WASHINGTON -- A billion-dollar air traffic control system that is scheduled to start service next spring will jeopardize air safety, according to the union representing the technicians who will maintain it, because it lacks alarms and monitoring systems to warn when it is beginning to fail.
In addition, the Federal Aviation Administration is not sure the new software, which will not enter service until 1999 at the earliest, will function properly after the calendar rolls over to 2000.
The union, the Professional Airways Systems Specialists, is seeking a delay in the phase-in, which is scheduled to begin in March 1999 at Reagan National Airport near Washington.
According to the electronics technicians, if a processing glitch makes the current air traffic system briefly lose track of an airplane in flight, the equipment will sound a shrill alarm and flash lights indicating the source of the problem.
In the new system, if a controller were not watching the blip at that moment, the failure could go undetected until a problem became "catastrophic" -- meaning an accident or a computer collapse.
Officials at the Federal Aviation Administration belatedly agree that a better alarm system would be desirable, but they say it is important to put new equipment in the field because the existing computer screens are falling apart.
The new equipment can be deployed safely as it is designed, they say, at the terminal radar approach control, or tracon, for Washington. New York and Dallas/Fort Worth might follow soon after.
Because the three regions are among the nation's busiest tracons, they are poor places to try out a new system, said the president of the union, Mike Fanfalone.
"Pocatello, Idaho, where there is not much traffic, doesn't deserve this system, either," he said yesterday.
But the acting deputy administrator of the FAA, Monte Belger, said that the new equipment, called the Standard Terminal Automation Replacement System, or Stars, which will go into about 250 tracons, will be "safe and efficient."
The FAA will continue negotiations with the technicians, Belger said, but not all the problems they had raised will be solved by March.
An independent expert, Kenneth Mead, the inspector general of the department of transportation, said that "a number of the issues they have raised bear on the efficiency and effectiveness with which they can do their jobs," and that those jobs were important to safety.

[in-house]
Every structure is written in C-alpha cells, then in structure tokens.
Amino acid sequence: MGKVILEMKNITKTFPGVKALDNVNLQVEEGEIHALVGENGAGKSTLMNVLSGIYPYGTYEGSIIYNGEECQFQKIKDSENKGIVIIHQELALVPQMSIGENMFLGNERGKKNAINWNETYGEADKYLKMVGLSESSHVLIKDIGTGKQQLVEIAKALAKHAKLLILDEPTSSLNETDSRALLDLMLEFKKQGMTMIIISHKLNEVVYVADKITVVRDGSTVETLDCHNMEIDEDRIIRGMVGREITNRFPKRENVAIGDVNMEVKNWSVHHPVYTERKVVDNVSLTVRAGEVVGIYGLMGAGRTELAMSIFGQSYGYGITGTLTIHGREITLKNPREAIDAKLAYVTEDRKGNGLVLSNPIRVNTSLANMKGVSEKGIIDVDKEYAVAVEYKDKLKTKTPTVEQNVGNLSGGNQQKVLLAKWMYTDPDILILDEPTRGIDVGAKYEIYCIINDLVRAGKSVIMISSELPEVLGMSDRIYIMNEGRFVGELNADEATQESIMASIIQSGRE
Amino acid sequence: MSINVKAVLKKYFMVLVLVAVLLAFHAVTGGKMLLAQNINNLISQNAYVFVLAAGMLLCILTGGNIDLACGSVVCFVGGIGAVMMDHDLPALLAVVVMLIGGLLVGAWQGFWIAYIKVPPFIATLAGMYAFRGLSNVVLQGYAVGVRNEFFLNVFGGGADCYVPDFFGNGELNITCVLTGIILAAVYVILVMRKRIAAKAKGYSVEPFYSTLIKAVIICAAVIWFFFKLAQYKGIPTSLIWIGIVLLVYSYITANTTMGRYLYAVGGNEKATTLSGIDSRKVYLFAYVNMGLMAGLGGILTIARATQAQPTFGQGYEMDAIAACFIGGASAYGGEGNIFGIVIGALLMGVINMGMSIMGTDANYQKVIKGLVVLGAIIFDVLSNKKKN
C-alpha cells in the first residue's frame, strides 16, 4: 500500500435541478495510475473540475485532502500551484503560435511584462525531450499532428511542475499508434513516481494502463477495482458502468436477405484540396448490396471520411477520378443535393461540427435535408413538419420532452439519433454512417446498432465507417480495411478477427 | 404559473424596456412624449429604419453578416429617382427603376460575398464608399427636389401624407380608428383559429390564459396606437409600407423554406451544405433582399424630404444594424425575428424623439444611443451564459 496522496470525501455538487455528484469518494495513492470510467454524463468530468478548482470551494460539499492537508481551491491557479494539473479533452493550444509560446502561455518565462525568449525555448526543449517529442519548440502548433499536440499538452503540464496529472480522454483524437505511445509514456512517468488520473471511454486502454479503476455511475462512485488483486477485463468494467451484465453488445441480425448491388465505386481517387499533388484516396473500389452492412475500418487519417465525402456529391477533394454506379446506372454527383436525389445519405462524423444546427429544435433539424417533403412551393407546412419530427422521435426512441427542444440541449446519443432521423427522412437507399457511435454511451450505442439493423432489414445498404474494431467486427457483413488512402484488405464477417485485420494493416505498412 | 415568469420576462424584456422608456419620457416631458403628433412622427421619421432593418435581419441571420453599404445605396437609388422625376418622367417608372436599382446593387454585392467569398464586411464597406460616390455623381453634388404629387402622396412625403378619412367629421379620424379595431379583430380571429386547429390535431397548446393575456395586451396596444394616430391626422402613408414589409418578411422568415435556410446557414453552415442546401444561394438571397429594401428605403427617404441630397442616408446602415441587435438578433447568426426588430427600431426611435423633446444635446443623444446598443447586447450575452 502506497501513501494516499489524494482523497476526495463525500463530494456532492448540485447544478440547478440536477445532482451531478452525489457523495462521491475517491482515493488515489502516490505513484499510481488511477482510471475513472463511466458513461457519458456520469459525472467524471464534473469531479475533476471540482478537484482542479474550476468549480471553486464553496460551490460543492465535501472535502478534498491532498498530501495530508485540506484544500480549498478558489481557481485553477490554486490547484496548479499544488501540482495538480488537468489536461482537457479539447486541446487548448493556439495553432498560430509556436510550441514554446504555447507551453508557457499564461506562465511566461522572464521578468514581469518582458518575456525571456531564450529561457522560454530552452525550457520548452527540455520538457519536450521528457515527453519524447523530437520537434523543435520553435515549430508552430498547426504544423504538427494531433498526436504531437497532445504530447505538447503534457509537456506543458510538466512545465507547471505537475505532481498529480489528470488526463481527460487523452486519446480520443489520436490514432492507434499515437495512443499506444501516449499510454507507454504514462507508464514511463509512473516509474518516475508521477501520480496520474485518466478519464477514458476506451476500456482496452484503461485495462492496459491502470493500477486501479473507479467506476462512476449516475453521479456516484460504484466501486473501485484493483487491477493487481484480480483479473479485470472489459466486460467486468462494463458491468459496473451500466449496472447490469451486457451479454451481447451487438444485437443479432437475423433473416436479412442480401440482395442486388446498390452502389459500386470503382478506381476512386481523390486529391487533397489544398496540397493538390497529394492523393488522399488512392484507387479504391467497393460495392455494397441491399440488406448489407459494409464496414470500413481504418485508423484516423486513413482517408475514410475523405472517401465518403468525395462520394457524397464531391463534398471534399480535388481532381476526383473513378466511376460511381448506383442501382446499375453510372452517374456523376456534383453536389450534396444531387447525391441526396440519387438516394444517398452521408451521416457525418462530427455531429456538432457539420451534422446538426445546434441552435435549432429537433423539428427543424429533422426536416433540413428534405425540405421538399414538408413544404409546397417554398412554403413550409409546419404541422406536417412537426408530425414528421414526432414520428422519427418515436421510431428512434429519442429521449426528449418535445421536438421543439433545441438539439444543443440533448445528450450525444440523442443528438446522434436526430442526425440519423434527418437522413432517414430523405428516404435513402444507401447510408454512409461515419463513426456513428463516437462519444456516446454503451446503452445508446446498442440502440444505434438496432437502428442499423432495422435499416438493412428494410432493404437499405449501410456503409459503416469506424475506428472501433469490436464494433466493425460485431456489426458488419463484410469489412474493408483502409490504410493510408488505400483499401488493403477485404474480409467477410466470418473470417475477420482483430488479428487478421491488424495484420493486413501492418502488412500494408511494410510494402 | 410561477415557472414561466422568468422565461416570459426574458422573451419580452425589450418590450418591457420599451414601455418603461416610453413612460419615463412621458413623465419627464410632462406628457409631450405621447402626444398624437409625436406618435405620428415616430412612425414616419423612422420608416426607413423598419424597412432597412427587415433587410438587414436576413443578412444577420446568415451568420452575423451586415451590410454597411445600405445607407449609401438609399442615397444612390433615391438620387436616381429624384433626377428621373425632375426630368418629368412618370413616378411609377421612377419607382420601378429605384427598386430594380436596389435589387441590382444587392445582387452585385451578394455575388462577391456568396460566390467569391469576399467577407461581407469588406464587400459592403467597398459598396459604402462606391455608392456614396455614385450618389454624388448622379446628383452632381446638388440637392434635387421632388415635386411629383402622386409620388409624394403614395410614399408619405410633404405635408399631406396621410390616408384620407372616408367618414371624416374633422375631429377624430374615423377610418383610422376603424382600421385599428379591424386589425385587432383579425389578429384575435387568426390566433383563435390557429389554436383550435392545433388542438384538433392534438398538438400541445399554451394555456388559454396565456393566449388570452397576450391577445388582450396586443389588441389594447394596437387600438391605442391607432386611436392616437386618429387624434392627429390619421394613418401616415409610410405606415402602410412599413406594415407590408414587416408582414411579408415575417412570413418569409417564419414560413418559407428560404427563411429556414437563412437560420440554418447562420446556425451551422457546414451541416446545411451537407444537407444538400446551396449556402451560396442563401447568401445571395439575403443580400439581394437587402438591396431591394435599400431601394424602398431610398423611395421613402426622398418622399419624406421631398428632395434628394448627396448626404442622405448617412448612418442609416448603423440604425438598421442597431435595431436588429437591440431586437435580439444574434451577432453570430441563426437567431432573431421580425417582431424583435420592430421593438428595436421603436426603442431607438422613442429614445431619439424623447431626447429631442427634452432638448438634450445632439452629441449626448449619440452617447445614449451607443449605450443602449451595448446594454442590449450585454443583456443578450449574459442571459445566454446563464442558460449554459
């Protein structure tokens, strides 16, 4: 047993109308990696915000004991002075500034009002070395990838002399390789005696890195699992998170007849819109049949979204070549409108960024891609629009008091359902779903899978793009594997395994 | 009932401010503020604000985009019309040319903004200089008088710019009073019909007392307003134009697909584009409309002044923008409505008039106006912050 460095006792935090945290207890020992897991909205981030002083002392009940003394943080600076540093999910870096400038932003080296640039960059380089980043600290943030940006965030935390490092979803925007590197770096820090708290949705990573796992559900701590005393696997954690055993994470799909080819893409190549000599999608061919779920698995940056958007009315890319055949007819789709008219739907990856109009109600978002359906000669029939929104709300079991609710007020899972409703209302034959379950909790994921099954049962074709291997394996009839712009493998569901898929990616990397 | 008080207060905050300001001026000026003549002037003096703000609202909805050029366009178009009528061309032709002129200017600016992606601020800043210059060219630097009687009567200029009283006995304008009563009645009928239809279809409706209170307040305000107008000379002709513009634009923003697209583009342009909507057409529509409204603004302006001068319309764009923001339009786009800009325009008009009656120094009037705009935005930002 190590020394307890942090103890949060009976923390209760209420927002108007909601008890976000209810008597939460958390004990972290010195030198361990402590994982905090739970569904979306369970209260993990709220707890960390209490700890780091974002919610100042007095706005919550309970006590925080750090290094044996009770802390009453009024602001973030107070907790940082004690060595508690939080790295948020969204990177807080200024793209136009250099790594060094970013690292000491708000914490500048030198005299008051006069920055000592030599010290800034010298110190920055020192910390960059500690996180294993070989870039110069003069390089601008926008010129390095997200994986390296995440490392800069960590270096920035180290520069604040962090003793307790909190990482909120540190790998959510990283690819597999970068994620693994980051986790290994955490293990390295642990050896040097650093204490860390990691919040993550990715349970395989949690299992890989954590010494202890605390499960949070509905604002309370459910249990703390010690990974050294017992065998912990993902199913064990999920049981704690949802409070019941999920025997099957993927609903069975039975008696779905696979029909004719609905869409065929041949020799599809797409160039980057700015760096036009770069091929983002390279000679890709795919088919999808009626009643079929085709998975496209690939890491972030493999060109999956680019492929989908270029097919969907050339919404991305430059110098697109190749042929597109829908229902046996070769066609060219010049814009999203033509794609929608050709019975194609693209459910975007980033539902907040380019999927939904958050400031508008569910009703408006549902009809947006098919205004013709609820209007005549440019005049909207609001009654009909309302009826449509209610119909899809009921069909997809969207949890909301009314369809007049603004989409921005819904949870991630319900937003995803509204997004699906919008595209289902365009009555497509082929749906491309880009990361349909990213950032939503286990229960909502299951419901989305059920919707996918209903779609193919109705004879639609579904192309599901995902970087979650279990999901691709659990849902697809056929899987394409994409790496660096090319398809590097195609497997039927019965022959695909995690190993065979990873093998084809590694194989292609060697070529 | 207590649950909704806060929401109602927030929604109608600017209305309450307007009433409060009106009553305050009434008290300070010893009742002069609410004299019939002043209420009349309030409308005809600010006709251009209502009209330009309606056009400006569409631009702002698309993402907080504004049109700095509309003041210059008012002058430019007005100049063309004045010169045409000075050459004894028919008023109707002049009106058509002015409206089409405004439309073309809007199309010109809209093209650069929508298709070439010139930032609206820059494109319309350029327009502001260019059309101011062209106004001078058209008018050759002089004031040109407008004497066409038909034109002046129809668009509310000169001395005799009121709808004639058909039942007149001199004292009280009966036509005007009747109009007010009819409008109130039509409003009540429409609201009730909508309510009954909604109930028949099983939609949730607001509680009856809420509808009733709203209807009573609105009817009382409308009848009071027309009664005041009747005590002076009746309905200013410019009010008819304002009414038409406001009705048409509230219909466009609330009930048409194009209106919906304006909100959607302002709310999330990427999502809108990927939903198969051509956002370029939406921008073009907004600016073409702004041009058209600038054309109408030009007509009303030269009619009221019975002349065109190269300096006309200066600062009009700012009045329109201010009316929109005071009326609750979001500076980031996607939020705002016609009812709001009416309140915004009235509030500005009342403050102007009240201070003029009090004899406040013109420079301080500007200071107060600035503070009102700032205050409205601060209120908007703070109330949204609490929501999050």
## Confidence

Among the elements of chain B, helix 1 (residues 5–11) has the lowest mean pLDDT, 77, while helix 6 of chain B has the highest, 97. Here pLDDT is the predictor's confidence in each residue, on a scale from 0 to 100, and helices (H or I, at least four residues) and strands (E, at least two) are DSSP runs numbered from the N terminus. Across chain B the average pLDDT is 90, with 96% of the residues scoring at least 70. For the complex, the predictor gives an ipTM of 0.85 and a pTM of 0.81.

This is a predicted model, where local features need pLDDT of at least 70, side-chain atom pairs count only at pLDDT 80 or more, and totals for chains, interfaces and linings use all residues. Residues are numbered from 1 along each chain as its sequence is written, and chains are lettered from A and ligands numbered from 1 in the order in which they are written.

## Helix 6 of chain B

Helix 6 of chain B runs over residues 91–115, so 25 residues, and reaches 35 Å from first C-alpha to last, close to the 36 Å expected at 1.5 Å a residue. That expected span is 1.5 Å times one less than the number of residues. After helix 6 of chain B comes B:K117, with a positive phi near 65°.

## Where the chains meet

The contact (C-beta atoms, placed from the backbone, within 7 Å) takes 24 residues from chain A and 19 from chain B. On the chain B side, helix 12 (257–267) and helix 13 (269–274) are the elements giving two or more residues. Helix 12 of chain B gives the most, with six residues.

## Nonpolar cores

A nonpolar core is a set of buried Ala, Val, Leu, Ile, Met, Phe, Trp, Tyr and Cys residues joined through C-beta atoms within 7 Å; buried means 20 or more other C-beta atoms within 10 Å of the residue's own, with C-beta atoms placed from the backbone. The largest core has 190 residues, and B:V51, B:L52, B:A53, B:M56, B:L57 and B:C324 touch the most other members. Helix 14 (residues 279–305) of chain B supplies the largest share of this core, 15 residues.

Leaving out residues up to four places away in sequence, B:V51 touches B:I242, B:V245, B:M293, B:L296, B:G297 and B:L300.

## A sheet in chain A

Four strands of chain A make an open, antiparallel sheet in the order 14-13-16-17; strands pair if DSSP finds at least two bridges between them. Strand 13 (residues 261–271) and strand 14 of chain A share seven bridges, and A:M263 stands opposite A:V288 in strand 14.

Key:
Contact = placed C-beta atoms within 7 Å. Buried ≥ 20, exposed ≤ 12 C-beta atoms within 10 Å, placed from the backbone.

But he stopped short of saying the new system is unsafe.
A consultant, John Fearnsides, who was brought in at the urging of Congress last fall to help mediate between the unions and the FAA over technology issues, said that he hoped for a reconciliation before March, but that "there clearly will be a problem if the maintenance people don't feel it's a safe system."
Fearnsides said the FAA had a difficult history in consulting with its employees. A huge software modernization project collapsed early in the '90s, wasting about $1 billion, partly because controllers were invited into the development process but had difficulty agreeing what they wanted, he said. In the Stars project, he added, the employees might have been improperly held at bay.
"Mike Fanfalone is a reasonable fellow, and I think he felt driven to this," said Fearnsides, referring to the president of Pass.
At the National Air Traffic Controllers Association, the president, Michael McNally, said that if the technicians could not be convinced that the system was safe, then it could not legally be put into service. The controllers had also sought a delay in the new system, until they negotiated a schedule of improvements with the FAA.
Fearnsides said he was trying to help the FAA and the union craft a system for consulting each other in a timely manner in developing new software, because much of the existing equipment is more than 25 years old and difficult to maintain. Fanfalone said the FAA wanted to have Stars in service before it lTC went back to Capitol Hill for budget hearings next spring.
Even before next March, the Air Force plans to put Stars to use at Eglin Air Force Base, in the Florida panhandle. Neil Planzer, the Air Force liaison to the FAA, said testing would start this summer. The Air Force will rely on the FAA to certify that the hardware and software are safe, he said.
Pub Date: 5/23/98